But before someone accuses God of arbitrarily choosing the fate of these men, Ambrosiaster says the following: “However, although God knew what would happen, he is not a respecter of persons, and condemns nobody before he sins, nor does he reward anyone until he conquers.” For Ambrosiaster, though God foreknows the future he does not reward or condemn anyone until that person actually merits the outcome according to the conditions of justice. Ambrosiaster further elaborates on this idea in the following passage:
God knew those who would turn out to be people of ill will, and he did not number them among the good, although the Savior said to the seventy-two disciples who he chose as a second class, and who later abandoned him: Your names are written in heaven. This was for the sake of justice, since it is just that each person should receive his reward. Because they were good they were chosen for this service and so their names were written in heaven for the sake of justice, as I have said, but according to foreknowledge they were among the number of the wicked. For God judges according to his justice, not according to his foreknowledge.
And again Ambrosiaster says the following:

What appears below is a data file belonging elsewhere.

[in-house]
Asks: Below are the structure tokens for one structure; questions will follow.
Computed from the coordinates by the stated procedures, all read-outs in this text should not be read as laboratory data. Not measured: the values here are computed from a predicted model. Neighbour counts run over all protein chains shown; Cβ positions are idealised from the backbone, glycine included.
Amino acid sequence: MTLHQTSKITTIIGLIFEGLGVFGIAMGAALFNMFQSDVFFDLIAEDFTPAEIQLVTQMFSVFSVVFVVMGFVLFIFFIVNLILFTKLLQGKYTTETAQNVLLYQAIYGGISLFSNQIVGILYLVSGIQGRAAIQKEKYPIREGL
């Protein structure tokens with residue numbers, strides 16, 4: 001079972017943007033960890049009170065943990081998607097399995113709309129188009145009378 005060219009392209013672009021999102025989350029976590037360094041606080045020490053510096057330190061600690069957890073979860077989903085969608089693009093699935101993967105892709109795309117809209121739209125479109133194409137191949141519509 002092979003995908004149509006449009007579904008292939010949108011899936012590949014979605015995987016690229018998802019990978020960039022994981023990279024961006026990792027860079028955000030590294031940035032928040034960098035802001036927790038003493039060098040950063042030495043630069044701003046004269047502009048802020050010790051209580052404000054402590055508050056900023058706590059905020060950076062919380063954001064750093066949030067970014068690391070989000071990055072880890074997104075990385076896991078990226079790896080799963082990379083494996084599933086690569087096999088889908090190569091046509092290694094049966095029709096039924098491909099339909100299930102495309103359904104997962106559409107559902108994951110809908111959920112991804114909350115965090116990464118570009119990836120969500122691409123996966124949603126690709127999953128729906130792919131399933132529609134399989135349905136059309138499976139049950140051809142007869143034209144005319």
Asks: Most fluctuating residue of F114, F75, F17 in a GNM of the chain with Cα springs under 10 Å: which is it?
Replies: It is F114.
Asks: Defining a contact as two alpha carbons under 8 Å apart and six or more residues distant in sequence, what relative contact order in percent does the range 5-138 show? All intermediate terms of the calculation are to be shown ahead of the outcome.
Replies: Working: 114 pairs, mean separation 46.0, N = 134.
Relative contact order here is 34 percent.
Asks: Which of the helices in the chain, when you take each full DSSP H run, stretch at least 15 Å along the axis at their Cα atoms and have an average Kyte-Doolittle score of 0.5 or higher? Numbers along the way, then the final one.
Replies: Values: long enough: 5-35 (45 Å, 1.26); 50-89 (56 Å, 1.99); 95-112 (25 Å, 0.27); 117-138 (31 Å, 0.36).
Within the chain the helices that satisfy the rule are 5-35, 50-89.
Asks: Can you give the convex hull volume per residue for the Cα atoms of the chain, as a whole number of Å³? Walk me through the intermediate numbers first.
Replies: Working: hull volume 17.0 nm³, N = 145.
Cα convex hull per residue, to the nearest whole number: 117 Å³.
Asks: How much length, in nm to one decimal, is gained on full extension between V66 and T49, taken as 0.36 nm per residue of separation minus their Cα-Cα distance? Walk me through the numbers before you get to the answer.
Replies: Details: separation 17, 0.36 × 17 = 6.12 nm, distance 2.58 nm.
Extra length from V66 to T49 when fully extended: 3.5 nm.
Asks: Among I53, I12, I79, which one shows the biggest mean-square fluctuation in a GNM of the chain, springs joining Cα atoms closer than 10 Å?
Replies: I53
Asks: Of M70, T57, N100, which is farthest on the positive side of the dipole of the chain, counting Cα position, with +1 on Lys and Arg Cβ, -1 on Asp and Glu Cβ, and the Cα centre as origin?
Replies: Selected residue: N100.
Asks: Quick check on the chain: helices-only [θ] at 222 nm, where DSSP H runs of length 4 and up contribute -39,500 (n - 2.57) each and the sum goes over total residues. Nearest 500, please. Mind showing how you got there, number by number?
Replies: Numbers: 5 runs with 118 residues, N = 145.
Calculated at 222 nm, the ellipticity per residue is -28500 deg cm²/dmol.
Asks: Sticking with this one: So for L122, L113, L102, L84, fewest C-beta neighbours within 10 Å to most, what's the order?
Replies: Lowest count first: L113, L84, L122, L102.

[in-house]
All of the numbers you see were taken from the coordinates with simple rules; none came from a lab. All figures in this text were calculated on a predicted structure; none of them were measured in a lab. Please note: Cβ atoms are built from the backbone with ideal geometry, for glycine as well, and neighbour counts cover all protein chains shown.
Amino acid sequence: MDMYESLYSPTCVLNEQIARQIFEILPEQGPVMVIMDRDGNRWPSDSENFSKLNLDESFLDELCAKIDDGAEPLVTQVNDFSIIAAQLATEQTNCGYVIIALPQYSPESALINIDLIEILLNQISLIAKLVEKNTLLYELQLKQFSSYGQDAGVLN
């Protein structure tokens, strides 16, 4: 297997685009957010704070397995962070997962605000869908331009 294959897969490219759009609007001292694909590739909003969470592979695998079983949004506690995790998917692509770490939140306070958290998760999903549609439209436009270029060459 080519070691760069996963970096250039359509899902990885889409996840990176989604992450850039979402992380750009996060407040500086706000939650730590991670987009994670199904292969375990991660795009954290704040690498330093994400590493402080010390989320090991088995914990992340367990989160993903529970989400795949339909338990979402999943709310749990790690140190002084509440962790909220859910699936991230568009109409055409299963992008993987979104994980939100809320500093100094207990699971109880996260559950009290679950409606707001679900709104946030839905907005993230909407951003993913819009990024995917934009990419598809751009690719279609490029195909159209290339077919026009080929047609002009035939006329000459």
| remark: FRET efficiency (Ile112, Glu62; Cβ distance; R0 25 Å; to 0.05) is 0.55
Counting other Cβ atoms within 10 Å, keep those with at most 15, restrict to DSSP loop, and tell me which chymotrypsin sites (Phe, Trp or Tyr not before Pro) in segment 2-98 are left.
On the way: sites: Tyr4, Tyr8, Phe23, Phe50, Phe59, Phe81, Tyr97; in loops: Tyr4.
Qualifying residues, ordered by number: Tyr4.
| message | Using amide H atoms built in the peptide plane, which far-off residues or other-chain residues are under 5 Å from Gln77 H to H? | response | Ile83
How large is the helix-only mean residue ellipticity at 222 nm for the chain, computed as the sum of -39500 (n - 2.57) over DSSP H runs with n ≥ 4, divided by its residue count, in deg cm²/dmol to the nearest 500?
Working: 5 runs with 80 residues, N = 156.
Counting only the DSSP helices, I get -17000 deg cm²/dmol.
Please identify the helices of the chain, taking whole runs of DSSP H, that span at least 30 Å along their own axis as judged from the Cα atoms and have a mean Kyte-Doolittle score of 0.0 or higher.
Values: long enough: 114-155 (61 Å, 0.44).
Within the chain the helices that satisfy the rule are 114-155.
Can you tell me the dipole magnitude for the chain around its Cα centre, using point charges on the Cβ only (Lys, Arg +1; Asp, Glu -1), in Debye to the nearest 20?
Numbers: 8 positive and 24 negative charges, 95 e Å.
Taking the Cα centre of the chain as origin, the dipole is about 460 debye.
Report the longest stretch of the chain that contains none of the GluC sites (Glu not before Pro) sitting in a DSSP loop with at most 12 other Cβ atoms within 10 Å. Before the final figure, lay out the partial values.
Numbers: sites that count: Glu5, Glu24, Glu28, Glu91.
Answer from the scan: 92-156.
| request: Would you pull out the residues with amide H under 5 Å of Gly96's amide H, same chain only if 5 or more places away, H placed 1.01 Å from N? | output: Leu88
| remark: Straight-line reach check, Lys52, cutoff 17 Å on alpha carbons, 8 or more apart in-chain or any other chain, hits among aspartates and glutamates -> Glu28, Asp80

There is no respect of persons in God’s foreknowledge. For God’s foreknowledge is that by which it is defined what the future will of each person will be, in which he will remain, by which he will either be condemned or rewarded. Some of those who will remain among the good were once evil, and some of those who will remain among the evil were once good.
The problem is solved, because God is no respecter of persons. Even Saul and Judas Iscariot had been good at one time. Scripture says of Saul: He was a good man and there was none better in Israel. And of Judas Iscariot the apostle Peter says: he was numbered among us and allotted a share in this ministry of performing signs and wonders. How could someone who was not good have a share in the Savior’s ministry? In the plan of God it was decided that he would be considered worthy for the time for which he was chosen, like the seventy-two I mentioned above.
Ambrosiaster later goes on to reference both Kings Saul and David as other examples of how God’s foreknowledge and justice work together. His explanation of how they work together is one that I had thought about before but never actually heard or read another person articulate prior to reading it within his commentary. I found it to be a very good explanation, and it is at least as good as any other view that I have so far encountered in my studies of the topic.
1. Ambrosiaster, Commentaries On Romans and 1-2 Corinthians (Ancient Christian Texts) (Downers Grove, IL: IVP Academic, 2009), 75.